This is for all the mothers who sent their kids to school with stomach aches, assuring them they'd be just FINE once they got there, only to get calls from the school nurse an hour later asking them to please pick them up. Right away. And they do.

This is for mothers whose children have gone astray, and who can't find the words to reach them.

For all the mothers who bite their lips sometimes until they bleed - when their 14 year olds dye their hair green.

What makes a good Mother anyway? Is it patience? Compassion? Broad hips? The ability to nurse a baby, cook dinner, and sew a button on a shirt, all at the same time? Or is it the heart? Is it the ache you feel when you watch your son or daughter disappear down the street, walking to school alone for the very first time? Or the terror in your heart at 1 AM when your teenager with the new driver's license is an hour late getting home.

The jolt that takes you from sleep to dread, from bed to crib at 2A.M. to put your hand on the back of a sleeping baby? Or to feel the dull ache as you look in on your sleeping daughter or son the night before they leave for a college in another city.

The need to flee from wherever you are and hug your child when you hear news of a fire, a car accident, a child dying? For all the mothers of the victims of all the school shootings, and the mothers of those who did the shooting. For the mothers of the survivors, and the mothers who sat in front of their TVs in horror, hugging their child who just came home from school, safely.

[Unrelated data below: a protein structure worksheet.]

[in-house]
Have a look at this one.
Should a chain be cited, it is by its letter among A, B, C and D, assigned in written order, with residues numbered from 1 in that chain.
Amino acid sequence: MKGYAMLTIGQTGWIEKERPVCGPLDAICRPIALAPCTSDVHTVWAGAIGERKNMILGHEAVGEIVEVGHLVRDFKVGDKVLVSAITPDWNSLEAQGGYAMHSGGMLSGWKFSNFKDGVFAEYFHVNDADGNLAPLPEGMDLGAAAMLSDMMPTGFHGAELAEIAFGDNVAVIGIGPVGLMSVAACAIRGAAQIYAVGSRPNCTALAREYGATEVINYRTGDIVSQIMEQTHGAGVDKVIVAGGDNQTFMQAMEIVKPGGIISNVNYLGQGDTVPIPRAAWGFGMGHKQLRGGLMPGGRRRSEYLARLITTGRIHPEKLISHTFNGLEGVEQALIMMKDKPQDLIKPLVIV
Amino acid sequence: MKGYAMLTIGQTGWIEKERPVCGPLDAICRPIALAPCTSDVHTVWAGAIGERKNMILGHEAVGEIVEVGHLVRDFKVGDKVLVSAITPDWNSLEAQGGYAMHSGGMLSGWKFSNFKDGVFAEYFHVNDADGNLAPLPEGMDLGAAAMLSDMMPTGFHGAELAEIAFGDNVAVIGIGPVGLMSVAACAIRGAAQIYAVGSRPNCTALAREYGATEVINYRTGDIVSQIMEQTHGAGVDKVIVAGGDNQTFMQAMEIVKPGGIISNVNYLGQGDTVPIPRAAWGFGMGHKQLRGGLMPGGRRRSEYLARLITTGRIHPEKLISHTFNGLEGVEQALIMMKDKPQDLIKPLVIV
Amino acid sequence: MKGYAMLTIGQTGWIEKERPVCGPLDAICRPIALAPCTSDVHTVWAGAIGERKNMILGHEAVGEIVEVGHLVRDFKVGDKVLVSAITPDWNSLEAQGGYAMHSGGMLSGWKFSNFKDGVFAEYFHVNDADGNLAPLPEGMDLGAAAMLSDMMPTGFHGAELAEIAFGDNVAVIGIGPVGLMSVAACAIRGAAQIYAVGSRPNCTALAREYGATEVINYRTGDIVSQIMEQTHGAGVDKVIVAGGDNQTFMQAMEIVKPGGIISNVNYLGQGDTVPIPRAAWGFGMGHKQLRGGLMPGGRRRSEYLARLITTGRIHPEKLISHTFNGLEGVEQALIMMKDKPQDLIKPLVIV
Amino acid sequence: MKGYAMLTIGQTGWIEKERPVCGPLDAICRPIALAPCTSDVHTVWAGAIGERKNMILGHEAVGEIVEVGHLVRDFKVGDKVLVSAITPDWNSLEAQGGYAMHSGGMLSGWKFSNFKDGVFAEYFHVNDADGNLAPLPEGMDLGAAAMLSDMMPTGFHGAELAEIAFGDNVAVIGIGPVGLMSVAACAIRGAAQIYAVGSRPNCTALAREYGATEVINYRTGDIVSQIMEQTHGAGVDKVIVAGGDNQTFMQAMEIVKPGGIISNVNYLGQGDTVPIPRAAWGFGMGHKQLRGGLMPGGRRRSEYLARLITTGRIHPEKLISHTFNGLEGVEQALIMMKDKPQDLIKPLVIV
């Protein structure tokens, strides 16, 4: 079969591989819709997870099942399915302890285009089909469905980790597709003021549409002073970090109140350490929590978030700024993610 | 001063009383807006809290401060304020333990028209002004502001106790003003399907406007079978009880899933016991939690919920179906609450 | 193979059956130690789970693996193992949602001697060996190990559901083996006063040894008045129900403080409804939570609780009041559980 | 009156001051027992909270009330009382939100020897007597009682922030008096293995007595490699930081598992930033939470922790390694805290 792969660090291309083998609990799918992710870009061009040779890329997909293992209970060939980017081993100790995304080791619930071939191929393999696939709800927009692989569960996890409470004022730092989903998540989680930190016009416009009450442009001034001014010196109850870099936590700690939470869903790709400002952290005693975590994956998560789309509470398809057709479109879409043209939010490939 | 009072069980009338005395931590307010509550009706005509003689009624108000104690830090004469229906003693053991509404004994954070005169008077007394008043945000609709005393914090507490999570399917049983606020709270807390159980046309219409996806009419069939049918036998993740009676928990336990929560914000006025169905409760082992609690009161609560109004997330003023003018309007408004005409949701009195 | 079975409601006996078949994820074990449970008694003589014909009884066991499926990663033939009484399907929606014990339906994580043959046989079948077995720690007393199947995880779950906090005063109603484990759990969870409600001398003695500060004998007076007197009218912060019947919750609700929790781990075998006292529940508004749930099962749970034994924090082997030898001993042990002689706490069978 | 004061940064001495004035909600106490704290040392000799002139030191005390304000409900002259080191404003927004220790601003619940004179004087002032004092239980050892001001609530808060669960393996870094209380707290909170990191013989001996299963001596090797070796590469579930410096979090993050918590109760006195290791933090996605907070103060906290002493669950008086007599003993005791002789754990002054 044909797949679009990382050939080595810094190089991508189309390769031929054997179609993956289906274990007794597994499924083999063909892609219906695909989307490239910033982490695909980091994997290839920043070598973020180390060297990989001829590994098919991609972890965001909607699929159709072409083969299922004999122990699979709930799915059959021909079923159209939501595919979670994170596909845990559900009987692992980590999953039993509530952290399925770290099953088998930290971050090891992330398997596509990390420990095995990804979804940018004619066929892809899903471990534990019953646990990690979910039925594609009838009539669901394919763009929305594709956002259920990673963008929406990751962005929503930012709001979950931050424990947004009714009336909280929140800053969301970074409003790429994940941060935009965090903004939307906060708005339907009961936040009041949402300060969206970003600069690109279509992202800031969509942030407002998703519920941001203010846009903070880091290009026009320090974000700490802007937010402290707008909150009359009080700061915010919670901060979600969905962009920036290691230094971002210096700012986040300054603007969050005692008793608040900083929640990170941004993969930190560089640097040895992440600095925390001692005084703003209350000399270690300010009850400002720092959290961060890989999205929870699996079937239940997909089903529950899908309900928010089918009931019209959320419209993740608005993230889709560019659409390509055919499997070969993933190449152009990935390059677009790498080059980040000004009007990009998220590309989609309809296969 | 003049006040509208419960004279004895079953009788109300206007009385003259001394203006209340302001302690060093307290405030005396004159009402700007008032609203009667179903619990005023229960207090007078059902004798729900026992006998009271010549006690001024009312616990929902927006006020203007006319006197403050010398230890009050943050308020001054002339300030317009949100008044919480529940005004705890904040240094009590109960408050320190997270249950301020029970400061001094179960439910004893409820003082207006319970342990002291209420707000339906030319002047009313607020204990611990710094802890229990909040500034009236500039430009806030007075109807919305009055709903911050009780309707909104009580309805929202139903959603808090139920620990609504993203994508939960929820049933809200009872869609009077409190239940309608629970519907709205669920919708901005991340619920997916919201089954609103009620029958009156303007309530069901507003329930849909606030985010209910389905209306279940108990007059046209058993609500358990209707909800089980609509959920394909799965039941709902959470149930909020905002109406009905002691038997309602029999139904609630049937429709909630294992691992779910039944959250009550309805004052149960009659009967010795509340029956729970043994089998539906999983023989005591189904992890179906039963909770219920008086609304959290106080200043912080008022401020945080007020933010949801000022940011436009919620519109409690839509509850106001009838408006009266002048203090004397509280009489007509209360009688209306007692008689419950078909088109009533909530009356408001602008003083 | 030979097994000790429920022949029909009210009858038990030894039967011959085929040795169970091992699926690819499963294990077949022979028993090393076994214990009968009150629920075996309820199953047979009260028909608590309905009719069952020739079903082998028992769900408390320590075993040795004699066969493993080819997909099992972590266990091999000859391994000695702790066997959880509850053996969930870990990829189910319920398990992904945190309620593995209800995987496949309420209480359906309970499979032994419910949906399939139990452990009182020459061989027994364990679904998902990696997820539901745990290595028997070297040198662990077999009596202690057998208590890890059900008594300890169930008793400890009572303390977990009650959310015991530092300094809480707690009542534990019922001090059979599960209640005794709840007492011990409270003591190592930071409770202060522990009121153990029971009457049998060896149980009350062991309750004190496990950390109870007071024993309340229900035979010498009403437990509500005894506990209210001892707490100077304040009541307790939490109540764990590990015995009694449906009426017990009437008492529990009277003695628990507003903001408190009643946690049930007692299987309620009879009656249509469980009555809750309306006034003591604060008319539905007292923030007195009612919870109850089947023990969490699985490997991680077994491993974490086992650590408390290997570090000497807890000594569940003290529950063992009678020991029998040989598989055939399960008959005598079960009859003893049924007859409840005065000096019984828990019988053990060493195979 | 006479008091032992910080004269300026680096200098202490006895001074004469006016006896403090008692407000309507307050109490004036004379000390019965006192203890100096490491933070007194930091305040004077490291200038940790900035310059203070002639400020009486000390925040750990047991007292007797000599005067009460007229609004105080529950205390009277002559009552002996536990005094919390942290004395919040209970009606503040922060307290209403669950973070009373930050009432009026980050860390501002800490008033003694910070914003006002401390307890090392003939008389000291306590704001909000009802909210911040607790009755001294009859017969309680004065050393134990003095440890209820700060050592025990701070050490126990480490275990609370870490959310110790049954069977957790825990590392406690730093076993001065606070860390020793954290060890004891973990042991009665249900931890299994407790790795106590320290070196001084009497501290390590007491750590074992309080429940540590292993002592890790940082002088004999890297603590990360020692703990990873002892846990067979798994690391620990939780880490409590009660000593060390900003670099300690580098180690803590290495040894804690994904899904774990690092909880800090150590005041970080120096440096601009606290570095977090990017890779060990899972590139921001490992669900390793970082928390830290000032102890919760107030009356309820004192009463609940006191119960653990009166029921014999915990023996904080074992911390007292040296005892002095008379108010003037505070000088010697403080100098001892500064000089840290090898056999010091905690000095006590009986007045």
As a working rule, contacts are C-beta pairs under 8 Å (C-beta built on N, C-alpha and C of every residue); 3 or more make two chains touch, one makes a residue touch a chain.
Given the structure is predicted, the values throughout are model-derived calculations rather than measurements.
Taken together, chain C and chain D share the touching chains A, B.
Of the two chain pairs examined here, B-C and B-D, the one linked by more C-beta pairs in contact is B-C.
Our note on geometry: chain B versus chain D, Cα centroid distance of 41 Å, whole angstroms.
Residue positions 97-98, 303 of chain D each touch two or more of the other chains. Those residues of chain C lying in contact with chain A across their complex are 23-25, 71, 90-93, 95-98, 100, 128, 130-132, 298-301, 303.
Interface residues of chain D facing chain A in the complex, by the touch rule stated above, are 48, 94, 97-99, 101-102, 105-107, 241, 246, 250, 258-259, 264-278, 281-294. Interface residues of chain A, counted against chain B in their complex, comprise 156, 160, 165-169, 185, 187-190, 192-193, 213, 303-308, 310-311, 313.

This is for mothers who have tearfully placed flowers and teddy bears on their children's graves. Whose children have died from illness, accidents and the worst of all and hardest to comprehend, suicides.

This is for young mothers stumbling through diaper changes and sleep deprivation. And mature mothers who have learned and are still learning - to let go. For working mothers and stay-at-home mothers. Single mothers and married mothers. Grandmothers whose wisdom and love remains a constant for their grown children and their children's children. For Mothers with money, and Mothers without.

This is for you all. So hang in there.